Category Archives: Real Estate

Elections: When Having Fun is REALLY IMPORTANT

thank-heaven-for-little-girls-statuary-in-nancys-garden2

It’s easy to get dismayed by the tenor of the times during election years. The negatives in life are explored in great detail. Divisions in people and ideologies are enhanced and highlighted. What’s going wrong and what we need to be afraid of is stressed. Life doesn’t seem worth living, yet we know it is. Early this morning, for instance, I discovered that two friends became grandparents. A healthy baby was born. Young parents discovered a new kind of fierce love. You know that this isn’t news, it’s life, and thank goodness. News shocks us. Daily life runs the gamut from boring to exhilarating, but it rarely shocks. So it’s important when we’re asked to focus on the negative side of life to look for ways to feel good. Here’s some fun local activities that might help you do just that.

TUESDAY SEPTEMBER 27TH

Short films you can sing along to in Albany

WEDNESDAY SEPTEMBER 28TH

History found in discards. Artist Jenny Odell talks about her work

THURSDAY SEPTEMBER 29TH

Scooter Tours in Oakland

FRIDAY SEPTEMBER 30TH

Day ONE of Hardly Strictly Bluegrass

SATURDAY OCTOBER 1ST

21st Annual Environmental Poetry Slam in Berkeley

SUNDAY OCTOBER 2ND

First Annual Oakland Nature Festival

ENJOY!

Remember, too, if you’re thinking of selling your home, there’s still time to list it before the end of the year. 2016 has been a banner year for home sales, but we don’t know what 2017 will bring. Right now, home prices are still high and inventory is low. Call me and let’s talk about ways we can market your property for top dollar.

I’d love to help you buy or sell an East Bay home. It would be my pleasure.

If you’re moving to another area, I can refer you to a trustworthy Coldwell Banker agent wherever you want or need to go in the US or the world. Coldwell Banker is an international real estate company.

Just call me.  I’m easy to get a hold of.  As so many of us do, I carry my office with me wherever I go, so phone or text 510-418-1306  and you’ll probably reach me. I’m never too busy to take care of you– or your referrals–and I’ll make sure you’re glad you called. 

 Get to know me! Check me out on facebook or linkedIn.

If you want to get a feel for what’s going on in the East Bay Real Estate market check out my My Web Site to discover homes on the market–neighborhood by neighborhood–almost as soon as they’re posted on the MLS!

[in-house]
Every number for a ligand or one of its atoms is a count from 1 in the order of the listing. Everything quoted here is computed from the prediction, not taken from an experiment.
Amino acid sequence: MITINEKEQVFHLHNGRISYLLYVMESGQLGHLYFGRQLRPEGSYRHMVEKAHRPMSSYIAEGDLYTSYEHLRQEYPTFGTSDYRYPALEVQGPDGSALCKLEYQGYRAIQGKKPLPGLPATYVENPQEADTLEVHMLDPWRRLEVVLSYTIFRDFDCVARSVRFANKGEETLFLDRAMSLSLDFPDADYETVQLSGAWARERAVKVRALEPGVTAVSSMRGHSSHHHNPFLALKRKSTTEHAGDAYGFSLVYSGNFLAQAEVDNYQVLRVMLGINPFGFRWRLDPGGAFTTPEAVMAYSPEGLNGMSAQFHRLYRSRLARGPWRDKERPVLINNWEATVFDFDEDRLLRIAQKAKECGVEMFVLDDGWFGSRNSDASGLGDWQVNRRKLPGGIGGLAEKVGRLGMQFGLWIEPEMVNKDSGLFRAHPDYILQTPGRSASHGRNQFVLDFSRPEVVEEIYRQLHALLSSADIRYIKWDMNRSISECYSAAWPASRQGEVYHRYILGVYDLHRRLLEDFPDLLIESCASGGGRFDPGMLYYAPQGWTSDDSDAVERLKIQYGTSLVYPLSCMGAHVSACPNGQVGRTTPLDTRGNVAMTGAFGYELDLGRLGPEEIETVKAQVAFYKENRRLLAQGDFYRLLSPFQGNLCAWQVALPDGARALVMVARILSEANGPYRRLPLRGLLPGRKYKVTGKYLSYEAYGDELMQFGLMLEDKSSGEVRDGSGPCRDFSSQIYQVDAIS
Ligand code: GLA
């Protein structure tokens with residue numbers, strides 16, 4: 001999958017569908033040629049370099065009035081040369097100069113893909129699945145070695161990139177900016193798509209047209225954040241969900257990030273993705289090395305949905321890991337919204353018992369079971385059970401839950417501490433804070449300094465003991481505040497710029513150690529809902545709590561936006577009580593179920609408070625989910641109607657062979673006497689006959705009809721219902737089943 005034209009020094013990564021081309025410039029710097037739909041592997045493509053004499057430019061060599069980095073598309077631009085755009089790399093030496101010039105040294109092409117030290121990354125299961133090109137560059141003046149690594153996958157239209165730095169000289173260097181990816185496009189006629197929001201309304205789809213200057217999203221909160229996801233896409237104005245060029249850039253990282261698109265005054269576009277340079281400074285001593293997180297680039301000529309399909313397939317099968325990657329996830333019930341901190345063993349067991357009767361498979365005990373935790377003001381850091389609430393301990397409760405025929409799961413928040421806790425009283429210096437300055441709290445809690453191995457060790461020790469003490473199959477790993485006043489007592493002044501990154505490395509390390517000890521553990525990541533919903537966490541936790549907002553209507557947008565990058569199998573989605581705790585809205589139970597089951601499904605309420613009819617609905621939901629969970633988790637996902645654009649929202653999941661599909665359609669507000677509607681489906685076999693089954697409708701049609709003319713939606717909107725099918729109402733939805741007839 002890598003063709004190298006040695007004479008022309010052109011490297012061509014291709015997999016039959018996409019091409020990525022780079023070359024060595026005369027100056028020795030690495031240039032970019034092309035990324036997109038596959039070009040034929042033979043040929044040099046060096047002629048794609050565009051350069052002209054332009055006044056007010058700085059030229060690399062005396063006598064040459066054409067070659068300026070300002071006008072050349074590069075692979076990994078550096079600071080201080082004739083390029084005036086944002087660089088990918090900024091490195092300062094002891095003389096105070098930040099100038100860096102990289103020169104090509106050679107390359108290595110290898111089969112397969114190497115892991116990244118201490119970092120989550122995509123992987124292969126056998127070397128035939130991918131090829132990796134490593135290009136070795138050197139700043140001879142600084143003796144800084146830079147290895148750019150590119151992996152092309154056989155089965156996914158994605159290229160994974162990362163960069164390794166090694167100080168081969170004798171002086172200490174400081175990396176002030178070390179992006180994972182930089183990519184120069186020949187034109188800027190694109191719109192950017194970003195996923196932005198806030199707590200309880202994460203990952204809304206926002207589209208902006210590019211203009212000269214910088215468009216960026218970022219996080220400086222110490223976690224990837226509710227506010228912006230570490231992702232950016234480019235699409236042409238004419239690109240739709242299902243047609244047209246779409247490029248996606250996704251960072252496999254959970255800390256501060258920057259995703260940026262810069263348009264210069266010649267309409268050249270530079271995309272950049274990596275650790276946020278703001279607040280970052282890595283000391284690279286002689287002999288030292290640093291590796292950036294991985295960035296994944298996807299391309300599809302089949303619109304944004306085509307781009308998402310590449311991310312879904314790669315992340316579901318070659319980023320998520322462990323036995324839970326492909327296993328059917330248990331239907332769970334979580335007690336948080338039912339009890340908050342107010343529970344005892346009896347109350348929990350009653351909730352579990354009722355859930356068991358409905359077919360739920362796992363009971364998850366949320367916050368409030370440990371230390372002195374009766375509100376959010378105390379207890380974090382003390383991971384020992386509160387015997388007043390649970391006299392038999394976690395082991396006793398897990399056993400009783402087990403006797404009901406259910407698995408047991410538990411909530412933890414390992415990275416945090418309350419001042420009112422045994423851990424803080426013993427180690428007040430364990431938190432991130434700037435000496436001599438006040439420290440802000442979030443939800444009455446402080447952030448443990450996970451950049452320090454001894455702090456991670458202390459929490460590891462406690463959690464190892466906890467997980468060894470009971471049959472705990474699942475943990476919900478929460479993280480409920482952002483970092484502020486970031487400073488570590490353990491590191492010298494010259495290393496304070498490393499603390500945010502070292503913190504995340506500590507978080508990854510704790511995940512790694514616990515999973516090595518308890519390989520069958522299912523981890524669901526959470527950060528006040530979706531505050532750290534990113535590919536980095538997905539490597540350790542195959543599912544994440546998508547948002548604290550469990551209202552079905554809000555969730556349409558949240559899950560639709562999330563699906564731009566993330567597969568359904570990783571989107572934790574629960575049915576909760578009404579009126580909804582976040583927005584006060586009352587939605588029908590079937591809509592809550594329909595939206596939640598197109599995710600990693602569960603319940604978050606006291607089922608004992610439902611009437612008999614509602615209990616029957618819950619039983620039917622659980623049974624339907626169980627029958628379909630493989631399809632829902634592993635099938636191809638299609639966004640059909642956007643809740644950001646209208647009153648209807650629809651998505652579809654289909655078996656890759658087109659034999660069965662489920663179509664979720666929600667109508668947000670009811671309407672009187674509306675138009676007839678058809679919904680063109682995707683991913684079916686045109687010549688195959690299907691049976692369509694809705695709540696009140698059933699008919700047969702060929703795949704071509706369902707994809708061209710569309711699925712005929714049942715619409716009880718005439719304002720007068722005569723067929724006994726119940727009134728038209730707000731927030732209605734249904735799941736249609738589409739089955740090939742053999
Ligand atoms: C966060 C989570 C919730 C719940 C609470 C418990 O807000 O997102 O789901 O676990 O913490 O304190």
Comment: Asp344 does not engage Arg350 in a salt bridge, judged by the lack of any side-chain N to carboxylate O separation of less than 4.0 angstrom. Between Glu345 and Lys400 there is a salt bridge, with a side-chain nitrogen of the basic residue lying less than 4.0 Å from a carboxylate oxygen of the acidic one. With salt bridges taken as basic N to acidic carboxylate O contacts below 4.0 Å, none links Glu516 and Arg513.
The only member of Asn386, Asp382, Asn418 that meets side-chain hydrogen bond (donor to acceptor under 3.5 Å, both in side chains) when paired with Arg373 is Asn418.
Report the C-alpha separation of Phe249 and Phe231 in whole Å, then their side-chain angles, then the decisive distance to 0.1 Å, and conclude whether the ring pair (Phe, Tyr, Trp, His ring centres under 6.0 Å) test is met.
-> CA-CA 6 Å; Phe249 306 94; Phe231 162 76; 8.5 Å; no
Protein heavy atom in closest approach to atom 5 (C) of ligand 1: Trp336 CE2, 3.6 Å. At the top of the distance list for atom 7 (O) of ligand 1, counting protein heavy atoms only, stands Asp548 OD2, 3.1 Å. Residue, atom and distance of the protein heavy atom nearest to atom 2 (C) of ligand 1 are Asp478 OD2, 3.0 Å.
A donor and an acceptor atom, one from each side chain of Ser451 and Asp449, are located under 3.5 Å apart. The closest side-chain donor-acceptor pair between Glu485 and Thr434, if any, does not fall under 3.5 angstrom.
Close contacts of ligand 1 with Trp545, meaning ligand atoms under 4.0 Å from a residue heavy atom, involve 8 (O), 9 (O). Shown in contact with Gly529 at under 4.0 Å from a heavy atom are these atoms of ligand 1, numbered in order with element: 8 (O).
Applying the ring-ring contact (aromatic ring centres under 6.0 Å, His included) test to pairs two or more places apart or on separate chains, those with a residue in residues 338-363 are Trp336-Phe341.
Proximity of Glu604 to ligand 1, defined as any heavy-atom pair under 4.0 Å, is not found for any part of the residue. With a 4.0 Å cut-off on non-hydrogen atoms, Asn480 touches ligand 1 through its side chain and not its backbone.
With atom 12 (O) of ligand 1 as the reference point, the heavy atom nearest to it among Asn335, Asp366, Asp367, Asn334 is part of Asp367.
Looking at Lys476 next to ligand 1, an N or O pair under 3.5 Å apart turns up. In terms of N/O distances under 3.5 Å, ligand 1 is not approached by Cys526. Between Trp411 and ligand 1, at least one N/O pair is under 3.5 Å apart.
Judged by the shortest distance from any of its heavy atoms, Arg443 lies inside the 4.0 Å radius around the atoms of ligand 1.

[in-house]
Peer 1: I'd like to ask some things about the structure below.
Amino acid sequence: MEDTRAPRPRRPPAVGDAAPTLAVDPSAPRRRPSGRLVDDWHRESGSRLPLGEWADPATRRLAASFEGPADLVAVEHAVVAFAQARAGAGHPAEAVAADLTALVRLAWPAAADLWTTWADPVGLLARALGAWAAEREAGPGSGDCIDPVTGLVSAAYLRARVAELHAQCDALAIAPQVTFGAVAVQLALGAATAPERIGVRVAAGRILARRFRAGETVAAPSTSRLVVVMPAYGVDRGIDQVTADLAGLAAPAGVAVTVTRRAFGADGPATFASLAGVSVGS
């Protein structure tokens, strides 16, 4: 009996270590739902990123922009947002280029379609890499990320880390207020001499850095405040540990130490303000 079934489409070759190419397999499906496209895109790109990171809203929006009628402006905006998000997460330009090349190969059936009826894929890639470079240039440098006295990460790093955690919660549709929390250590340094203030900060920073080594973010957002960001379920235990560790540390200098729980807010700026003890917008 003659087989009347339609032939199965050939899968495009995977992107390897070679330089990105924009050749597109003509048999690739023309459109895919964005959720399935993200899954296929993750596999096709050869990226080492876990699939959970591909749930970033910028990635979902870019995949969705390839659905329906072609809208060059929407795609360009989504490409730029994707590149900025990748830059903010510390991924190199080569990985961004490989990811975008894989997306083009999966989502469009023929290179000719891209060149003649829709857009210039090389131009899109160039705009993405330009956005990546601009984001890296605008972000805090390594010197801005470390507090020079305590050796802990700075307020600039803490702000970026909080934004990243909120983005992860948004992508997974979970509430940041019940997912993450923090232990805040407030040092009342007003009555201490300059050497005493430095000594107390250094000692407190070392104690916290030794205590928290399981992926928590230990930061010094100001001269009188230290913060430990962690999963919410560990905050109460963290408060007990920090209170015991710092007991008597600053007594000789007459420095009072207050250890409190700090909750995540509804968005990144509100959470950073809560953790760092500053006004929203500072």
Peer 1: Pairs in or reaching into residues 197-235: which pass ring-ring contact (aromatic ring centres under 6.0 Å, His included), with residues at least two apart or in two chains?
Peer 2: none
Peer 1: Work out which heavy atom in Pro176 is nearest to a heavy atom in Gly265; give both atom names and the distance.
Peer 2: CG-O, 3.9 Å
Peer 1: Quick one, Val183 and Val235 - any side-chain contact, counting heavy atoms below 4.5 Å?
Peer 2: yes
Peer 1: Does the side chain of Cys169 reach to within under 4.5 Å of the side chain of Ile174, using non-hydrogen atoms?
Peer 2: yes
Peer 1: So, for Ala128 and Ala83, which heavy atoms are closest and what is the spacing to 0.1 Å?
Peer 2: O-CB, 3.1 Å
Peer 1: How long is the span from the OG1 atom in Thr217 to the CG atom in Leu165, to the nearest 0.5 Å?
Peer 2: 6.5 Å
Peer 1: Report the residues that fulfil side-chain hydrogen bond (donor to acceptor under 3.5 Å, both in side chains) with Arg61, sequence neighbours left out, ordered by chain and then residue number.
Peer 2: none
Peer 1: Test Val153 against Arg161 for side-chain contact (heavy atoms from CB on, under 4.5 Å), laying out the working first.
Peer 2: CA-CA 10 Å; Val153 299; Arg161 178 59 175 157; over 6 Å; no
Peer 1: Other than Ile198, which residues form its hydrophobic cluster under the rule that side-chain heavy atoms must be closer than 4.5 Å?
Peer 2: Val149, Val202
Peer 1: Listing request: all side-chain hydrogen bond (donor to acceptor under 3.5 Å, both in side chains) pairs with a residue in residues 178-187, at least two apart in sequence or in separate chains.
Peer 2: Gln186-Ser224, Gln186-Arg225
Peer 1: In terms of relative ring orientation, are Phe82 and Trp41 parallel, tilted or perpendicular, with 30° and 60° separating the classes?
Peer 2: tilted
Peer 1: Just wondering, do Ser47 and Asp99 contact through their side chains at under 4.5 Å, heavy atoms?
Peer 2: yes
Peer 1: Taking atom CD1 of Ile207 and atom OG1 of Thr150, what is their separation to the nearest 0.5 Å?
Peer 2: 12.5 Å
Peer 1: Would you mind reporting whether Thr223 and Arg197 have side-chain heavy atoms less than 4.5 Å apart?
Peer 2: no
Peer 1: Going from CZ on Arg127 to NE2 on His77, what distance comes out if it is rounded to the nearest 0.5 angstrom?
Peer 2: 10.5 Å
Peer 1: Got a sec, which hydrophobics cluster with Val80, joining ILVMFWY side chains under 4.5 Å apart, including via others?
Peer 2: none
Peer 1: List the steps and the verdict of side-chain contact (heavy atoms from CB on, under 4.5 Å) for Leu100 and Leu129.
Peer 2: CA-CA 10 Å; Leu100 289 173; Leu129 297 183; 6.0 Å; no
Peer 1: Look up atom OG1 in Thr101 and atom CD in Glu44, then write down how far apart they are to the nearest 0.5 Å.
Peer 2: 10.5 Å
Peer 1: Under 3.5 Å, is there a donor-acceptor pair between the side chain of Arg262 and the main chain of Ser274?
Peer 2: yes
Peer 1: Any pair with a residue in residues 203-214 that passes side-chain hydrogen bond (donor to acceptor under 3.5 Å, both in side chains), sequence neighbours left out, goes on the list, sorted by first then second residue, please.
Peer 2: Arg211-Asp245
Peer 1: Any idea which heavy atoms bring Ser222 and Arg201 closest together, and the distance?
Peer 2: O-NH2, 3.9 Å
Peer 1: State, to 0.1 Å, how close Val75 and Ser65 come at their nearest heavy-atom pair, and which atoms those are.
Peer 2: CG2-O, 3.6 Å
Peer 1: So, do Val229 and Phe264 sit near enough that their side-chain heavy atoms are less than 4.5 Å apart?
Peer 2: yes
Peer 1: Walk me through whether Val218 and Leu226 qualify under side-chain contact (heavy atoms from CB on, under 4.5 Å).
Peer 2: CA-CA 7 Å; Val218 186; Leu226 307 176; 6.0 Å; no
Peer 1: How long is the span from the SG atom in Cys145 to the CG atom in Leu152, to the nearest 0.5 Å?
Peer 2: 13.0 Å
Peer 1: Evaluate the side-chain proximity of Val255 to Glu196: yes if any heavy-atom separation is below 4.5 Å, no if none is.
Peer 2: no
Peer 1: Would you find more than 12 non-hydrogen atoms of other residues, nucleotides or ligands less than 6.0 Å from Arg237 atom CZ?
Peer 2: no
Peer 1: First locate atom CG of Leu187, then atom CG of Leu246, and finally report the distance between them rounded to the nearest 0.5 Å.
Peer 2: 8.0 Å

Chris Neddersen
Broker Associate
CalBRE #01143189
Coldwell Banker in Berkeley

“Let’s Get Moving!”

August: The Best of Times, the Worst of Times

I was born in August, and as a result had mixed feelings about the arrival of my birthday.  On the one hand: party, presents, cake! On the other hand: School was right around the corner. As I grew I began to understand that adults (unless they were teachers–and, as I later learned, there was no free time for them either), never had the long, lazy summer vacations that I enjoyed as a boy.

Growing up was always something we kids longed to do, but little did we know that one of the things we’d wave good-bye to, besides hairless skin and being really short, were summer vacations.

I noticed to my horror that in my teenage and college years, when I needed money to use the car and go on dates, my summer vacation would have to be subsumed by my summer job or no dates for me. Then, in my young adulthood when I worked in the corporate world, vacations were scheduled, and usually only lasted a week or so.

As a real estate agent, when work and time off can happen anytime, I learned the value of small vacations, staycations, and keeping my ear to the ground to find interesting things to do on a daily basis no matter how my schedule looked.

So, speaking of that, here are a few fun things that caught my eye. These Bay Area activities will ease our way as we leave August behind and welcome the beginning of September.

TUESDAY AUGUST 30TH
Comedy at the Night Light in Oakland

WEDNESDAY AUGUST 31ST
This Changes Everything Book discussion in Oakland 

THURSDAY SEPTEMBER 1ST
Wild Wildflowers last blooms at the SF Botanical Garden

FRIDAY SEPTEMBER 2ND
Last Gasp of Summer Beer Garden in Ghirardelli Square 

SATURDAY SEPTEMBER 3RD
Art Break Day all over the Bay Area

SUNDAY SEPTEMBER 4TH
Twelfth Night: Shakespeare in the Park

I hope you enjoy your transition from Summer to Fall. I’m here to help you find the fun, or a solution to your housing needs, no matter what the season.

I’d love to help you buy or sell an East Bay home. It would be my pleasure.

If you’re moving to another area, I can refer you to a trustworthy Coldwell Banker agent wherever you want or need to go in the US or the world. Coldwell Banker is an international real estate company.

Just call me.  I’m easy to get a hold of.  As so many of us do, I carry my office with me wherever I go, so phone or text 510-418-1306  and you’ll probably reach me. I’m never too busy to take care of you– or your referrals–and I’ll make sure you’re glad you called. 

 Get to know me! Check me out on facebook or linkedIn.